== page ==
IATA ensures that 2020 will be the worst year in history for commercial aviation


This year’s losses will be the largest in aviation history: more than $ 84 billion in 2020 and almost $ 16 billion in 2021. This was stated at a press conference by Alexandre de Juniac, Executive Director of the International Association of Air Transport.

“In comparison, airlines lost $ 31 billion to the global financial crisis and rising oil prices in 2008 and 2009. There is no comparison. The size of this crisis,” said the official.

“The second point is the critical importance of governments and industry working together to implement the ICAO reset guidelines.”

“Our research shows that people will fly again as soon as the borders are opened. That is why we work and strongly support ICAO’s take-off plan to restart aviation. We must be prepared for the eventual recovery with global measures that are universally implemented. That will give governments the confidence to open borders. And it should give passengers the confidence to fly. ”

“In March we had a disorderly shutdown of the industry. ICAO guidelines, agreed by governments, are at the center of an orderly restart, as long as the guidelines are universally implemented, harmonized and mutually recognized by one another.”

“This would be a stark contrast to publication 9.11 when everyone essentially did their thing and we spent 20 years solving the differences.”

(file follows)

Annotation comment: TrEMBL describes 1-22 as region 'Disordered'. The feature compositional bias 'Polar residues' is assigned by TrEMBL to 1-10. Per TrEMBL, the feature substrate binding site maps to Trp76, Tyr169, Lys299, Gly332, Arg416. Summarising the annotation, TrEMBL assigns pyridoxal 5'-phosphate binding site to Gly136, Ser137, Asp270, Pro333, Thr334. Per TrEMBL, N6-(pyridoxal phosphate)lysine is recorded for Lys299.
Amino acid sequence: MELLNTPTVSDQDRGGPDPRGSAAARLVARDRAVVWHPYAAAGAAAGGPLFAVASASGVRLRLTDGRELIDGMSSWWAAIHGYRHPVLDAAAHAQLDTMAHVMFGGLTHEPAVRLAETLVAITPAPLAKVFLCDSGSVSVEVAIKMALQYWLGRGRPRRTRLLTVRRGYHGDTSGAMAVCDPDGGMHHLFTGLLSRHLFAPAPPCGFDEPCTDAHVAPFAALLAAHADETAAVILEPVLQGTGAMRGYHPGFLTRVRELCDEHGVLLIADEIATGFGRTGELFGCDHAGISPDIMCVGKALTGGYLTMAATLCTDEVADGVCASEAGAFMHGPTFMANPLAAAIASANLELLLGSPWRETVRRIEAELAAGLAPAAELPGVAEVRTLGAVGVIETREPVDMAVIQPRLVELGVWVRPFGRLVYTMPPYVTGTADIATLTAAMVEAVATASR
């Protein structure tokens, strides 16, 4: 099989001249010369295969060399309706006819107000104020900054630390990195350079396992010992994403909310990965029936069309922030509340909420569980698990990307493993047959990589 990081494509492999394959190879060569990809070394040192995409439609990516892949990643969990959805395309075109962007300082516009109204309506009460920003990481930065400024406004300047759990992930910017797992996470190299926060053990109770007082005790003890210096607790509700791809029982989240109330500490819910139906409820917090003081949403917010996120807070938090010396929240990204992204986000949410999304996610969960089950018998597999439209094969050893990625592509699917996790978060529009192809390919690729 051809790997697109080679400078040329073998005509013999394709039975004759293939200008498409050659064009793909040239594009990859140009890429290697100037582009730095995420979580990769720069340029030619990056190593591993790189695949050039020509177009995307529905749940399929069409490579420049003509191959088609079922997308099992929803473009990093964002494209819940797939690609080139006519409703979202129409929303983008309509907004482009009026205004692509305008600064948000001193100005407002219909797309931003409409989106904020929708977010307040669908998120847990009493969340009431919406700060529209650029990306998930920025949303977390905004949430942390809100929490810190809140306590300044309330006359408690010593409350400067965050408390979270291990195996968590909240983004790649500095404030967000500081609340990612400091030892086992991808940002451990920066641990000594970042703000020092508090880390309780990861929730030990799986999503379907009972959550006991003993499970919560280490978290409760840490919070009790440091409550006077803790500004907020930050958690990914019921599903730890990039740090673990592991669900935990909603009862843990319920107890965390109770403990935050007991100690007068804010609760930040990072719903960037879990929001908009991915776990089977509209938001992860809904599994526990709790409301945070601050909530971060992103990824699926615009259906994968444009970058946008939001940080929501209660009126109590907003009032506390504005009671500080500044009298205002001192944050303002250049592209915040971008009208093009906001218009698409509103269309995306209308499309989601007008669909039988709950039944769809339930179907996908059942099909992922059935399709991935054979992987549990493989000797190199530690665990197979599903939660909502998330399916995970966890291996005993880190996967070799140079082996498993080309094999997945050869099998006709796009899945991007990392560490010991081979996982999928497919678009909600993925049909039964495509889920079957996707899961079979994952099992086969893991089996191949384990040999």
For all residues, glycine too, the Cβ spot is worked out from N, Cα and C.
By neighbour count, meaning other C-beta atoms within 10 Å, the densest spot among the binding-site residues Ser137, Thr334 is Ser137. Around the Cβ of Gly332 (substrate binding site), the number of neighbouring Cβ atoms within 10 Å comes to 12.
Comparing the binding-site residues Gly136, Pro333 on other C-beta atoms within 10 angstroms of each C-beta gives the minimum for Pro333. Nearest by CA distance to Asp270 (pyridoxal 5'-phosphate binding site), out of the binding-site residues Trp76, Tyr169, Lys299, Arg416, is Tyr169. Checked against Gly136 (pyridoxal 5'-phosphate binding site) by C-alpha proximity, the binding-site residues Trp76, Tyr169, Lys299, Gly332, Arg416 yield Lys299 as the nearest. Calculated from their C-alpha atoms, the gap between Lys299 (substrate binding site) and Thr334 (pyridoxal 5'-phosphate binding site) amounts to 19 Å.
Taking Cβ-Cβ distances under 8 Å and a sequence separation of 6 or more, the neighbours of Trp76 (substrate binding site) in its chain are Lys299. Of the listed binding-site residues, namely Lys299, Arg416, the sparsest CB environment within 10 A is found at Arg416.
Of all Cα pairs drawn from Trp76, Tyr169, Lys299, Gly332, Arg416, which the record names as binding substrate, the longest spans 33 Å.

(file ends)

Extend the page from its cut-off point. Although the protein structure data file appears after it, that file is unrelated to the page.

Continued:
“And the other reassuring development compared to 9.11 is the agreement that the measures are temporary and will be evaluated frequently, as science, technology, and medicine advance. With continuous updating, including removal of the measures that they are no longer necessary for safety, passenger confidence must be kept high. ”

“The third point I want to emphasize is the need to avoid quarantine. Exit detection measures should prevent symptomatic people from flying.”
“Precautionary measures during travel (social distancing, better disinfection, and wearing masks when social distancing is not possible) will keep people safe when traveling.
And effective tracking of contacts on arrival should limit the risks of asymptomatic travelers creating new groups. ”
“This layered approach should give governments the confidence to reopen borders without quarantine. Frankly, if quarantine is introduced, economies are effectively blocked for travel. More than 80% of travelers tell us that if quarantine is imposed, they will not travel. ”

“We are encouraged to see the very rapid developments in accurate mass testing capabilities for COVID-19. As confidence in testing grows, we see the potential for it to play a critical role in keeping borders open without quarantine.”

“The fourth point is that the industry emerging from this crisis will have much more debt. Airlines entered 2020 in relatively good financial shape. After a decade of profit, debt levels were relatively low ($ 430 billion, approximately half of annual income) “.

“Vital government financial relief measures have prevented airlines from going bankrupt, but have increased debt by $ 120 billion to $ 550 billion. That is approximately 92% of expected revenue in 2021.”

“Additional relief measures should focus on helping airlines generate more working capital and stimulate demand rather than further expand debt levels.” Alexandre de Juniac concluded.

Looking to the future
The outlook is challenging to say the least. But aviation is a tough industry. With a globally harmonized and mutually recognized approach to reset measures, we can rebuild traveler confidence and jump-start recovery in aviation and overall.